The ambitious Stanton "Stan" Carlisle works in a sideshow as carny and assistant of the mentalist Zeena Krumbein, who is married with the alcoholic Pete. The couple had developed a secret ... See full summary »
A frustrated former big-city journalist now stuck working for an Albuquerque newspaper exploits a story about a man trapped in a cave to re-jump start his career, but the situation quickly escalates into an out-of-control circus.
In New York, after seven years in prison, the lawyer Max Monetti goes to the bank of his brothers Joe, Tony and Pietro Monetti and promises revenge to them. Then he visits his lover Irene ... See full summary »
Joseph L. Mankiewicz
Edward G. Robinson,
Chris Cross, 25 years a cashier, has a gold watch and little else. That rainy night, he rescues delectable Kitty from her abusive boyfriend Johnny. Smitten, amateur painter Chris lets Kitty think he's a wealthy artist. At Johnny's urging, she lets Chris establish her in an apartment (with his shrewish wife's money). There, Chris paints masterpieces; but Johnny sells them under Kitty's name, with disastrous and ironic results. Written by
Rod Crawford <email@example.com>
The story takes place in 1934, but all of Margaret Lindsay's and Joan Bennett's clothes, shoes and hairstyles are strictly in the 1945 mode, which had considerably changed during the intervening eleven years. The featured taxicab is of late 1930s vintage, about three years too new. See more »
For he's a jolly good fellow. For he's a jolly good fellow. For he's a jolly good fellow... which nobody can deny. Which nobody can deny. Which nobody can deny. Which nobody can deny.
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This is a good, tense drama that builds up an interesting 'noir' story that includes some rather creative story elements. It has several strengths, but most of all it features three fine performances by Edward G. Robinson, Joan Bennett, and Dan Duryea. It's also easy to see Fritz Lang's skilled hand at work in the story-telling, mood, and pacing.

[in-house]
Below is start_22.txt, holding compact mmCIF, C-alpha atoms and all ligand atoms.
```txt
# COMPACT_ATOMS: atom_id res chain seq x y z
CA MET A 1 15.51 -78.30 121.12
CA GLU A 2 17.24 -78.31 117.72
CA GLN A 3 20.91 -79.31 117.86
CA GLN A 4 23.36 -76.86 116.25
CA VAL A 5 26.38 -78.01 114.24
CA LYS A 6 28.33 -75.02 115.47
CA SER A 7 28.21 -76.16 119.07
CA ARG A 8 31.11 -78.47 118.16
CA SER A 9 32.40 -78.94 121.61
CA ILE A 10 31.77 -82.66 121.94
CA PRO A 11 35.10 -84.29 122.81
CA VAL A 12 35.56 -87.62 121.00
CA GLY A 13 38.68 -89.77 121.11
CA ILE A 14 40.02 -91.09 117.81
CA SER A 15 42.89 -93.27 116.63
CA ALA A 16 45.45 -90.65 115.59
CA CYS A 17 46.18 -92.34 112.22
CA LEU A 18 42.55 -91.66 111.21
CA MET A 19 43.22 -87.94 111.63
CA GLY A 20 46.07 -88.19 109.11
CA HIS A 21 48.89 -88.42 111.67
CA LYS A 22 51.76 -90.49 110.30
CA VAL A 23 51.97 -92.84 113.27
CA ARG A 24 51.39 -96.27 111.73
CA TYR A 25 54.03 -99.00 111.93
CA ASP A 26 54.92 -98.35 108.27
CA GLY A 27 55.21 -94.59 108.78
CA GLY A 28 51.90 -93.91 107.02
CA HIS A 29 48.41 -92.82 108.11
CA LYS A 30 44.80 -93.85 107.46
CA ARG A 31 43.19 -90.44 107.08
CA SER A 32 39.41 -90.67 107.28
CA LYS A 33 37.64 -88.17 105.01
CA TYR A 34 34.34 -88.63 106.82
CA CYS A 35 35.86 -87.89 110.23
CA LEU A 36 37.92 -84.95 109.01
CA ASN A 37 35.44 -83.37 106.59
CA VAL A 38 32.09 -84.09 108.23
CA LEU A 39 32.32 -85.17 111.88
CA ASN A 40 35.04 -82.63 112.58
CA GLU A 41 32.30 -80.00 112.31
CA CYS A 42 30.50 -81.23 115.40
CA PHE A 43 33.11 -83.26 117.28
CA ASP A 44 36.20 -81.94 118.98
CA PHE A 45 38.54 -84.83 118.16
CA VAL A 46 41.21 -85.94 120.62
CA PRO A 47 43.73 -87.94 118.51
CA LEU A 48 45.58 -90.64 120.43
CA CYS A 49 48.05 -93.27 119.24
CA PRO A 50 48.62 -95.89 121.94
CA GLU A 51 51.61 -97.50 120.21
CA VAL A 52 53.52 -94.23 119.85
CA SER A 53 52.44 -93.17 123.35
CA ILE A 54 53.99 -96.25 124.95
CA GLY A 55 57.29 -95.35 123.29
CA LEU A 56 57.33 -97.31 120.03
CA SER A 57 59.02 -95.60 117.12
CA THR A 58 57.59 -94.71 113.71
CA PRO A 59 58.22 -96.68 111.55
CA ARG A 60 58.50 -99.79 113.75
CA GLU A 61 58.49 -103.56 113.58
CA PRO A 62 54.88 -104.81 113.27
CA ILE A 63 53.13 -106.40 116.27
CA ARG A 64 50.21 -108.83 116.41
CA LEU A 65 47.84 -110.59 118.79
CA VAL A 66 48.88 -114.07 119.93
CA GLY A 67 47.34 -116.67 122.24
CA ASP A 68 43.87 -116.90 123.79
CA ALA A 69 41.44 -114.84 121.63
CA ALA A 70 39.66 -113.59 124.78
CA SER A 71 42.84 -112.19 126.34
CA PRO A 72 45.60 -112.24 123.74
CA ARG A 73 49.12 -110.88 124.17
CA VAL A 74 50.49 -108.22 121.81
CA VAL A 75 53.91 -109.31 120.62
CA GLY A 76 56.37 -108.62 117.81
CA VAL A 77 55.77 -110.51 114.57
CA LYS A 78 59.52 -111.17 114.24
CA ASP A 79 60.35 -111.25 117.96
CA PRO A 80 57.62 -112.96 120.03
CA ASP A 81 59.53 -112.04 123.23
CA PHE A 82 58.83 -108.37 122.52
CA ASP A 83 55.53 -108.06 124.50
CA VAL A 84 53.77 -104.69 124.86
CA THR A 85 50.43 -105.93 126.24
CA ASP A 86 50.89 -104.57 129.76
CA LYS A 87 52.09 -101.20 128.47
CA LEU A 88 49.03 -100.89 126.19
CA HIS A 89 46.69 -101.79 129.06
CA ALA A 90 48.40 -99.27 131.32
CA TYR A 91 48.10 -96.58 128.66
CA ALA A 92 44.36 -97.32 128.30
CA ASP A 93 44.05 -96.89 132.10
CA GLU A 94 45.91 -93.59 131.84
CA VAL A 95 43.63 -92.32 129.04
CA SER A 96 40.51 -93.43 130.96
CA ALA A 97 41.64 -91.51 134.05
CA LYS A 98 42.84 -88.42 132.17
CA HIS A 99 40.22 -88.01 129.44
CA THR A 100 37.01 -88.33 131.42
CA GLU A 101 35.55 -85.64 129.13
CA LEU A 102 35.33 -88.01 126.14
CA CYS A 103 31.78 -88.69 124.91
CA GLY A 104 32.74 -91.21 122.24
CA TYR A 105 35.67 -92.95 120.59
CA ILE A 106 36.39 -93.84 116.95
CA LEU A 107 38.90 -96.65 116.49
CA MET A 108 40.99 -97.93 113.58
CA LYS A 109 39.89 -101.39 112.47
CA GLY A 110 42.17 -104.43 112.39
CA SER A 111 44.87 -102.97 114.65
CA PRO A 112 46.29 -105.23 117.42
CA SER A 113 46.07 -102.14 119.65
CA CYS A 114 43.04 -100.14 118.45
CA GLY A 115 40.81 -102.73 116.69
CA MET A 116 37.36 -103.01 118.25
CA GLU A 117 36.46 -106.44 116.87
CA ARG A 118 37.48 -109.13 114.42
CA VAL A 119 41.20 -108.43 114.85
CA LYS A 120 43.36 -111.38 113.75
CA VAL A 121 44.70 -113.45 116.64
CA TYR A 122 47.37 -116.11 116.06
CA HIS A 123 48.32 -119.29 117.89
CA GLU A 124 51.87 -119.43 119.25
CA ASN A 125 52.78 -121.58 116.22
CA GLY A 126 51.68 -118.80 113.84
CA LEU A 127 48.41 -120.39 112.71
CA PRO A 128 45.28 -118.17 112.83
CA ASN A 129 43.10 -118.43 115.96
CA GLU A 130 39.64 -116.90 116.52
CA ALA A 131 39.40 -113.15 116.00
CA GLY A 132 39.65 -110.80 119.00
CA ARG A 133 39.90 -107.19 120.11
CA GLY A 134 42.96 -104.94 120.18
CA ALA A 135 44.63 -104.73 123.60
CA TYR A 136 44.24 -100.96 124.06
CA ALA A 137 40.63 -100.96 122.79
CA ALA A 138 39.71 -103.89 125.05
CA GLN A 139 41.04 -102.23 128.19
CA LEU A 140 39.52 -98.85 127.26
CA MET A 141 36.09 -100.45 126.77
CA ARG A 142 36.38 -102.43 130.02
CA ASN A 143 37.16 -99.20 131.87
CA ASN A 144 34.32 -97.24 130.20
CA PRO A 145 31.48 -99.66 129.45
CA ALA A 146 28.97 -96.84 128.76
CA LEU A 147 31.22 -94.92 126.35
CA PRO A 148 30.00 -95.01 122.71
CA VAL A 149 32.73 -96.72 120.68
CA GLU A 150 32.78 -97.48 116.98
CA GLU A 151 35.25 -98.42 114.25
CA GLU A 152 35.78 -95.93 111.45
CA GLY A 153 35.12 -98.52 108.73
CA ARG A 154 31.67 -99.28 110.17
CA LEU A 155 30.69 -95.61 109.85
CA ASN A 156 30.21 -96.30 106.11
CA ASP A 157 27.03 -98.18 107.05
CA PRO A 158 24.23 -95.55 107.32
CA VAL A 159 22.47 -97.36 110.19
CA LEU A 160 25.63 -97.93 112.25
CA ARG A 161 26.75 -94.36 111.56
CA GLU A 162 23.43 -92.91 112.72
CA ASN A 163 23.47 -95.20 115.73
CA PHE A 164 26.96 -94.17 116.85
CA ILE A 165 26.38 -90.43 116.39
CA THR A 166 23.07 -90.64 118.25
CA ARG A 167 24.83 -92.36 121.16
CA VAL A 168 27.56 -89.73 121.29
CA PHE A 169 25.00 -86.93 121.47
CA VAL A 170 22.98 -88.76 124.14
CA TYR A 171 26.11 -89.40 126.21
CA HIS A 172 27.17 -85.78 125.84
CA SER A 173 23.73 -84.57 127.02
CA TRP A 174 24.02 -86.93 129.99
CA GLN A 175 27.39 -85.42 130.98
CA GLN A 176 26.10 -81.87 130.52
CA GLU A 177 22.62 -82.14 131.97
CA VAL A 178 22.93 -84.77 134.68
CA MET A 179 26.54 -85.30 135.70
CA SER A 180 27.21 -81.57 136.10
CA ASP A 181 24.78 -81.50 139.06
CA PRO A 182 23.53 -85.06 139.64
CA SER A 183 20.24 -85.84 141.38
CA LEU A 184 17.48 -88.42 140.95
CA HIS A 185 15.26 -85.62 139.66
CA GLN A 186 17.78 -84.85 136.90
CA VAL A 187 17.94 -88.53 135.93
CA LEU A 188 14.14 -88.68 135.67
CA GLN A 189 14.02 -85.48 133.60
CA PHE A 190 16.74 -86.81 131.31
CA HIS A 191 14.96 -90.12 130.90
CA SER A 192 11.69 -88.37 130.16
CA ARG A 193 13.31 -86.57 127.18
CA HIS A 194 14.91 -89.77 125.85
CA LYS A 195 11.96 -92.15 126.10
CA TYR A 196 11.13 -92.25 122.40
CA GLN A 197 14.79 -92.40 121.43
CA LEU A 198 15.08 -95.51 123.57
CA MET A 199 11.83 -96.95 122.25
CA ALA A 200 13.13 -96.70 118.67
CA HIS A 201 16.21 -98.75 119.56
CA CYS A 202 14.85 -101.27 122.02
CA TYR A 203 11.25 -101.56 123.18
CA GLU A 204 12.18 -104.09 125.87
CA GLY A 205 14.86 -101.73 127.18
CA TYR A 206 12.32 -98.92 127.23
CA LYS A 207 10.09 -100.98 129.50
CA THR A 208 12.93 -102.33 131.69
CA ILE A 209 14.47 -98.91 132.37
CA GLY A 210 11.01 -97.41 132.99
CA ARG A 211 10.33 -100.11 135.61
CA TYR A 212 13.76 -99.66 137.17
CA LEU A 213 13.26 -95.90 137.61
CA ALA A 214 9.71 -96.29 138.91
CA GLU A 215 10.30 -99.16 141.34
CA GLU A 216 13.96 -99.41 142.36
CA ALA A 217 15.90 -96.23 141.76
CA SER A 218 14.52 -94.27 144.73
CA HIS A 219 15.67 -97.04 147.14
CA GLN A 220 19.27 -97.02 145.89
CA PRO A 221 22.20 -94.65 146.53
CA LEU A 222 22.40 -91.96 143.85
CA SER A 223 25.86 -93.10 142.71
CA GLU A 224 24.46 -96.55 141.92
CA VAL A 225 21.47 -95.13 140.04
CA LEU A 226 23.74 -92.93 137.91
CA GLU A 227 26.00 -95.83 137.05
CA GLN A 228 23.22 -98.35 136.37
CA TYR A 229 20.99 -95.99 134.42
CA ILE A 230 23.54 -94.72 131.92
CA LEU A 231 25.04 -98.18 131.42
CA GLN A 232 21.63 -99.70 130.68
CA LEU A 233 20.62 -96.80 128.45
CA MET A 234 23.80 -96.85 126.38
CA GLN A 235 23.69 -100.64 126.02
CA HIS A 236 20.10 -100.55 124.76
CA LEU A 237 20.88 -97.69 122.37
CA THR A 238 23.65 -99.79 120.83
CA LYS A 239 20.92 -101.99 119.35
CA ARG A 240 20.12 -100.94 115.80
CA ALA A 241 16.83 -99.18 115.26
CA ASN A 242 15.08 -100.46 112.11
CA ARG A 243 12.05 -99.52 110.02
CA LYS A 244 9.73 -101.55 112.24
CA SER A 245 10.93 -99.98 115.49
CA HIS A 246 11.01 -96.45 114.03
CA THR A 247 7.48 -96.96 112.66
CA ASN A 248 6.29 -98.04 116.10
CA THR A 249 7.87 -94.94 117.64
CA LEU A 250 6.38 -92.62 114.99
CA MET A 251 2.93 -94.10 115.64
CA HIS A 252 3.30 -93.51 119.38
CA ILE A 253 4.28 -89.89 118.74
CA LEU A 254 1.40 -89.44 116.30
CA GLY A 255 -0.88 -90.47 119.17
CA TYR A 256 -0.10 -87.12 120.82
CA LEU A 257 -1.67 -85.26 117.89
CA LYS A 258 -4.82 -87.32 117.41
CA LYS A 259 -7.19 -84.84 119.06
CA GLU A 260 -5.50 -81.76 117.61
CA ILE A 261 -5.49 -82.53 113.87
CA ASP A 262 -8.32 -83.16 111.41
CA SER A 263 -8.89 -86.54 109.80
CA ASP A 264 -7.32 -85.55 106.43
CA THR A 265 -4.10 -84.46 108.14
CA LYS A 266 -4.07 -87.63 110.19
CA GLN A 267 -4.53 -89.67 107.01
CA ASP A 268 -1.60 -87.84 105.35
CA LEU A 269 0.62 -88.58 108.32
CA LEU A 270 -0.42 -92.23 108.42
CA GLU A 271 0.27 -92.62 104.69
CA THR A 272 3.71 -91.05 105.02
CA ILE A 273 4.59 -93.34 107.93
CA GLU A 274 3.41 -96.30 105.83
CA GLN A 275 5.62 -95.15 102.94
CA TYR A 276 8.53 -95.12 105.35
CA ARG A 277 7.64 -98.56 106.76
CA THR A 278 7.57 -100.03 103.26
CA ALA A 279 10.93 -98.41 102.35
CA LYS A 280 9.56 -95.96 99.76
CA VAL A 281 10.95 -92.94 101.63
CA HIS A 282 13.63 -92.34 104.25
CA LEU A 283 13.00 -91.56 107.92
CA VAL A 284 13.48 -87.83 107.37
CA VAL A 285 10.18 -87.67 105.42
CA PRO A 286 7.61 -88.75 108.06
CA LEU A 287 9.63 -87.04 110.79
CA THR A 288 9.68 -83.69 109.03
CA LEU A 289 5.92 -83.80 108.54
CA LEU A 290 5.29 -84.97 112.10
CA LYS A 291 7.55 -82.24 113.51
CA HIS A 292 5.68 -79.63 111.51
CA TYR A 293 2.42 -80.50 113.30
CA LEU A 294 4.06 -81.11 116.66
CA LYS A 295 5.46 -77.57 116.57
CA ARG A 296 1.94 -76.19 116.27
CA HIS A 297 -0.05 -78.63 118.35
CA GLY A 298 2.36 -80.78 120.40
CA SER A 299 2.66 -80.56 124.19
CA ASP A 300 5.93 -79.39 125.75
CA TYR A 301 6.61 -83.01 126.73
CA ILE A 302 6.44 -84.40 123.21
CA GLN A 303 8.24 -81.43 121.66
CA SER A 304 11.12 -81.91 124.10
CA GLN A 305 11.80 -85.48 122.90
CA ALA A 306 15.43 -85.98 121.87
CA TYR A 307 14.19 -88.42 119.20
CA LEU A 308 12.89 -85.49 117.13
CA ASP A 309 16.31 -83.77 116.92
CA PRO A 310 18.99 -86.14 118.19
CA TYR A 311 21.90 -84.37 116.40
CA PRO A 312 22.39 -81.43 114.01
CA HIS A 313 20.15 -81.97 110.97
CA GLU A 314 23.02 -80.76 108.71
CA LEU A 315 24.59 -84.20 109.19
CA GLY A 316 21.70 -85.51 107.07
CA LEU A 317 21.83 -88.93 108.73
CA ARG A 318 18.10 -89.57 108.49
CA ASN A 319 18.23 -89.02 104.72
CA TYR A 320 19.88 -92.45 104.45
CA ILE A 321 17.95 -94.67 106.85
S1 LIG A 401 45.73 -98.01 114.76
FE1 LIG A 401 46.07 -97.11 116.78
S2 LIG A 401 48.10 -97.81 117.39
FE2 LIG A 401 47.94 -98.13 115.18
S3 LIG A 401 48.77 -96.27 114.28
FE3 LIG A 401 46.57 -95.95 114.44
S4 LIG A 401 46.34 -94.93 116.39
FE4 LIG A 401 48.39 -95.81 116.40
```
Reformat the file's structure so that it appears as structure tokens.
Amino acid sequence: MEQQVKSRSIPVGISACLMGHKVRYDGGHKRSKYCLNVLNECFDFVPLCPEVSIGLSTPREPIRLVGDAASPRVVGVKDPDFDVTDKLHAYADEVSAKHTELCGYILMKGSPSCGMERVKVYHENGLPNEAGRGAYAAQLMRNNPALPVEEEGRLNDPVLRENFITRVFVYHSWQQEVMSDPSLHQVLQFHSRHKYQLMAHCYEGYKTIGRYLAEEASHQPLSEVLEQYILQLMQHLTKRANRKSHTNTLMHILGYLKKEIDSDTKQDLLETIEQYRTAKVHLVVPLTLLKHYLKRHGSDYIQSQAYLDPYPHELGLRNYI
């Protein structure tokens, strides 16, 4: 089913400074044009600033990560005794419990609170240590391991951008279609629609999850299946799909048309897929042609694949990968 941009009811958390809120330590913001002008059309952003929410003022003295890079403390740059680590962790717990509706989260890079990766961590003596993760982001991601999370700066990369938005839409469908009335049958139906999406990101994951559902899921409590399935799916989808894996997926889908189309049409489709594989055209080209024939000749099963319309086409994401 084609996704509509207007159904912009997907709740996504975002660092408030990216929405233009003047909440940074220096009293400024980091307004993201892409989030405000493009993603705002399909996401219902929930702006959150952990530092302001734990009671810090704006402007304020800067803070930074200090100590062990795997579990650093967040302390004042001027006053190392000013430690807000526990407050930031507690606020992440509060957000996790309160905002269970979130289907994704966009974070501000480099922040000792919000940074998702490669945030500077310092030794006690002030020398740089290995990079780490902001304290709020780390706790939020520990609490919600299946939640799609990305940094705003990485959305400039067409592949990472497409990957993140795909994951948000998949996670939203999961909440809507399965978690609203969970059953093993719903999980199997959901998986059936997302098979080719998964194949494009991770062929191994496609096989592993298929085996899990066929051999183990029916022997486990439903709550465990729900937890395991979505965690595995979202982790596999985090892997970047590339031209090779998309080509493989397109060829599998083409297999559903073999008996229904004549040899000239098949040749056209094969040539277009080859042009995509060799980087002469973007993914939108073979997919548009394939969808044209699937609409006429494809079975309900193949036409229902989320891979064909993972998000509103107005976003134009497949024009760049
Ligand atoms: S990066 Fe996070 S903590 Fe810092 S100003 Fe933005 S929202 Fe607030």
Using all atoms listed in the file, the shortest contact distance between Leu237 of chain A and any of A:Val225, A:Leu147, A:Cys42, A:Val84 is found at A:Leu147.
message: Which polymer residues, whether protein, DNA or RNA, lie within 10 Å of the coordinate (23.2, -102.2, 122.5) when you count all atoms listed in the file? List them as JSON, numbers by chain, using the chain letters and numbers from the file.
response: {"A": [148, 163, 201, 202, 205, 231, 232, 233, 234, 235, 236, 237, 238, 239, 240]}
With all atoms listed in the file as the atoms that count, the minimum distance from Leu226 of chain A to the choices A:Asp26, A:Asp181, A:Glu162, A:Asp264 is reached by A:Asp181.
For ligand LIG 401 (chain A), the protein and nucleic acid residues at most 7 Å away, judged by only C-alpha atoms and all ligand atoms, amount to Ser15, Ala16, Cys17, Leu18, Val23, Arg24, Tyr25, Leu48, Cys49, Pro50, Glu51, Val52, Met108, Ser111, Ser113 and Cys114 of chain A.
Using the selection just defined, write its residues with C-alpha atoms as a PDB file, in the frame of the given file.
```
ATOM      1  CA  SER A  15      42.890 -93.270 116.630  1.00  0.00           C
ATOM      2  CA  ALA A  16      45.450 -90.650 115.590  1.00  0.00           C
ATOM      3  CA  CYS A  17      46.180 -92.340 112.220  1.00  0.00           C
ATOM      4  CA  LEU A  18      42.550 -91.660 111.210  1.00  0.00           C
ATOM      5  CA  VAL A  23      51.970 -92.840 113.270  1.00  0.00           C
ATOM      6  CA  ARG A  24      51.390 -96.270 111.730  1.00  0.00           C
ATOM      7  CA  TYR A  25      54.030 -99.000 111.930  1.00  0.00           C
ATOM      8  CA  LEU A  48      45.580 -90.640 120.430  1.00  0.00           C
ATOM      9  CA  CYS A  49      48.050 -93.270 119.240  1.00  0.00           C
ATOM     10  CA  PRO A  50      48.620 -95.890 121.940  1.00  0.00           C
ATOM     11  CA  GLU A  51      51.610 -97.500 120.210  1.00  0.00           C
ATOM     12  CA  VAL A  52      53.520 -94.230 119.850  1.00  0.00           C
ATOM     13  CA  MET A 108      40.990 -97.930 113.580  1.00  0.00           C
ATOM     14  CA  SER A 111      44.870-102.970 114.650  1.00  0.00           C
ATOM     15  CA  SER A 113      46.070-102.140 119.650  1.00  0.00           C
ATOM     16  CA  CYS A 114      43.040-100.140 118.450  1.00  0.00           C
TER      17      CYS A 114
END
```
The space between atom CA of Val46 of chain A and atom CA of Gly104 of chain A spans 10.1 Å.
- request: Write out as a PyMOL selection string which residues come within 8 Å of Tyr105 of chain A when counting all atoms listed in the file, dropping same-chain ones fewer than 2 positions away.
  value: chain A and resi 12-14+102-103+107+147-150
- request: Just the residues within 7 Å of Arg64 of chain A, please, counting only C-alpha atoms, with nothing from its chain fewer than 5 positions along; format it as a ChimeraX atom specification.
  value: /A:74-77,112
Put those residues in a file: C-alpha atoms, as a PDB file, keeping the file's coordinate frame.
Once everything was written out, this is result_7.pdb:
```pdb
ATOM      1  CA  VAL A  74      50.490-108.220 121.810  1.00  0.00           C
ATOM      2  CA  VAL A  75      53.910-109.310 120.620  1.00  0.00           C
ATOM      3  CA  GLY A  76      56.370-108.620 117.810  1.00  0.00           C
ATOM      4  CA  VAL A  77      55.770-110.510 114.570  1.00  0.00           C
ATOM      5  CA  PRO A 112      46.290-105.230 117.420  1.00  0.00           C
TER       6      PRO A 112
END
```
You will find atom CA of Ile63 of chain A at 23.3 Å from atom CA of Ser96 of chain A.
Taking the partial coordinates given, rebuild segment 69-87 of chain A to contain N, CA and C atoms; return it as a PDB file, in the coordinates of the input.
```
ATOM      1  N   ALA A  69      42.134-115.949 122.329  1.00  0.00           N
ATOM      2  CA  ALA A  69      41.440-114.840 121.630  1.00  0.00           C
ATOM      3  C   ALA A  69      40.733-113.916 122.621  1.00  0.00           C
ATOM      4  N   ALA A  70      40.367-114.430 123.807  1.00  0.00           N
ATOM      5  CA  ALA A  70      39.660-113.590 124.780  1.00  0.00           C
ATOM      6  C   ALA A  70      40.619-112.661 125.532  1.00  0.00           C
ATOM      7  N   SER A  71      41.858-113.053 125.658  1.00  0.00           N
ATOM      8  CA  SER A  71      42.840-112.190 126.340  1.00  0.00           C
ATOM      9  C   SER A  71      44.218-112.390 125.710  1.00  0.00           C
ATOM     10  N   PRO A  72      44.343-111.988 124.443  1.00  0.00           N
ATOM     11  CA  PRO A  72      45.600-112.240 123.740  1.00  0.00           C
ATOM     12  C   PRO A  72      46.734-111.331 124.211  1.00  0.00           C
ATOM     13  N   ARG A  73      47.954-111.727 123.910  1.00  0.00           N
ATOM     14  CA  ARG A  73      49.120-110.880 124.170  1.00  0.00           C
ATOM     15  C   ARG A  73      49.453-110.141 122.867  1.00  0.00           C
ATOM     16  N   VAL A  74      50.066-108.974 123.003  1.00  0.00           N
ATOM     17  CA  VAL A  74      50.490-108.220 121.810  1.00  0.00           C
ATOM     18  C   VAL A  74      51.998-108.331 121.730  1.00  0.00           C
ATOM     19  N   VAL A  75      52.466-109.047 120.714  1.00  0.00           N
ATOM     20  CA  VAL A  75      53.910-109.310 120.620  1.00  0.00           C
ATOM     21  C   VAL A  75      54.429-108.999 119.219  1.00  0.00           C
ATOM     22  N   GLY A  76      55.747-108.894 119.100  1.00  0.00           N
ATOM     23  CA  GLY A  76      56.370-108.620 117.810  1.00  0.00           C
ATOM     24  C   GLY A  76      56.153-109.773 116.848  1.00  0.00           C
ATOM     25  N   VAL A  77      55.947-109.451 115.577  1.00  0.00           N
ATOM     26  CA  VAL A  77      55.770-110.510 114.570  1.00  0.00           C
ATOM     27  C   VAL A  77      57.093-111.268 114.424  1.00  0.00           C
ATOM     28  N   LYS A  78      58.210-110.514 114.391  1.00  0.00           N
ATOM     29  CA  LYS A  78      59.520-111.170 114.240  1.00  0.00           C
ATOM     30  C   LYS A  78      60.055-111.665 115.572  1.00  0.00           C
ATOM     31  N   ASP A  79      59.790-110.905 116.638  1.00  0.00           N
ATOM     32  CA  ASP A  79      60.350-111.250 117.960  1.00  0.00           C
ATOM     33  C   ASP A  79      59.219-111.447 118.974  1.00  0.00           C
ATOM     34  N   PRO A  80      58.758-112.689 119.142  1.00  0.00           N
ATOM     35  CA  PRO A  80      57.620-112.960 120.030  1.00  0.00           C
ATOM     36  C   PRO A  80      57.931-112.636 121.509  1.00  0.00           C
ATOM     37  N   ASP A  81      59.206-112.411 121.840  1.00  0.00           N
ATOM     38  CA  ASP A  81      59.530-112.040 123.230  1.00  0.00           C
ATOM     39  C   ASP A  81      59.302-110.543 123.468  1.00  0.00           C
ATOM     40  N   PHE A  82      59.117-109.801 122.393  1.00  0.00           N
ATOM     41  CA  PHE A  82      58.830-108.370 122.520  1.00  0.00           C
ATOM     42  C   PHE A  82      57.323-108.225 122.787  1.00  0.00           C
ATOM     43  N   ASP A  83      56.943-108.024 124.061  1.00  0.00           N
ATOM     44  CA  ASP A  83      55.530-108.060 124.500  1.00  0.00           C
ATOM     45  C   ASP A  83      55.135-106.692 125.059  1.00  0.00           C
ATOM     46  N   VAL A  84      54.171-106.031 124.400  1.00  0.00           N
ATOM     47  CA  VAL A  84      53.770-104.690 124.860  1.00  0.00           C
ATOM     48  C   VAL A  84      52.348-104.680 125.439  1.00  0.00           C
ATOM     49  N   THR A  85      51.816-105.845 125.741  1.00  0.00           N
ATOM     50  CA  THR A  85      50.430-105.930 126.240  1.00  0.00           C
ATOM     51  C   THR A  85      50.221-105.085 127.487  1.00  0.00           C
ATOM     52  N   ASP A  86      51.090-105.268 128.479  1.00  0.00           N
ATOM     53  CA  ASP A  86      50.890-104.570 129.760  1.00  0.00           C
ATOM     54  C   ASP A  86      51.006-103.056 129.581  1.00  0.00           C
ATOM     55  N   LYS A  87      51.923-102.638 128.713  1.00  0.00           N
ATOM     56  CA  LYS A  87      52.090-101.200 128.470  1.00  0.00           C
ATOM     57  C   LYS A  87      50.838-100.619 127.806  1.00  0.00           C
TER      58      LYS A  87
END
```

Robinson shows his skill and versatility in portraying a mild-mannered bank cashier who really wants nothing more than the chance to dabble in his painting, before getting caught up in a complicated situation. Bennett is quite effective as the opportunistic young woman who befriends him, and Dan Duryea adds his presence and ability to very good effect - Duryea had the knack of portraying this kind character as well as anyone. His appearance in any film-noir always seemed to make an average movie good and a good movie even better.
The story is developed carefully, as Robinson's character slowly begins to realize that he has gotten into a situation beyond his control. By the time that things come to a head, the tension is considerable. The ending is also rather resourceful, in being carefully written so as to satisfy the stringent requirements of the production code of the era while also ending the story in a way that seems appropriate and fitting to the tone of the movie as a whole.
All of this adds up to make "Scarlet Street" a fine movie that is well worth seeing, especially for fans of film-noir.
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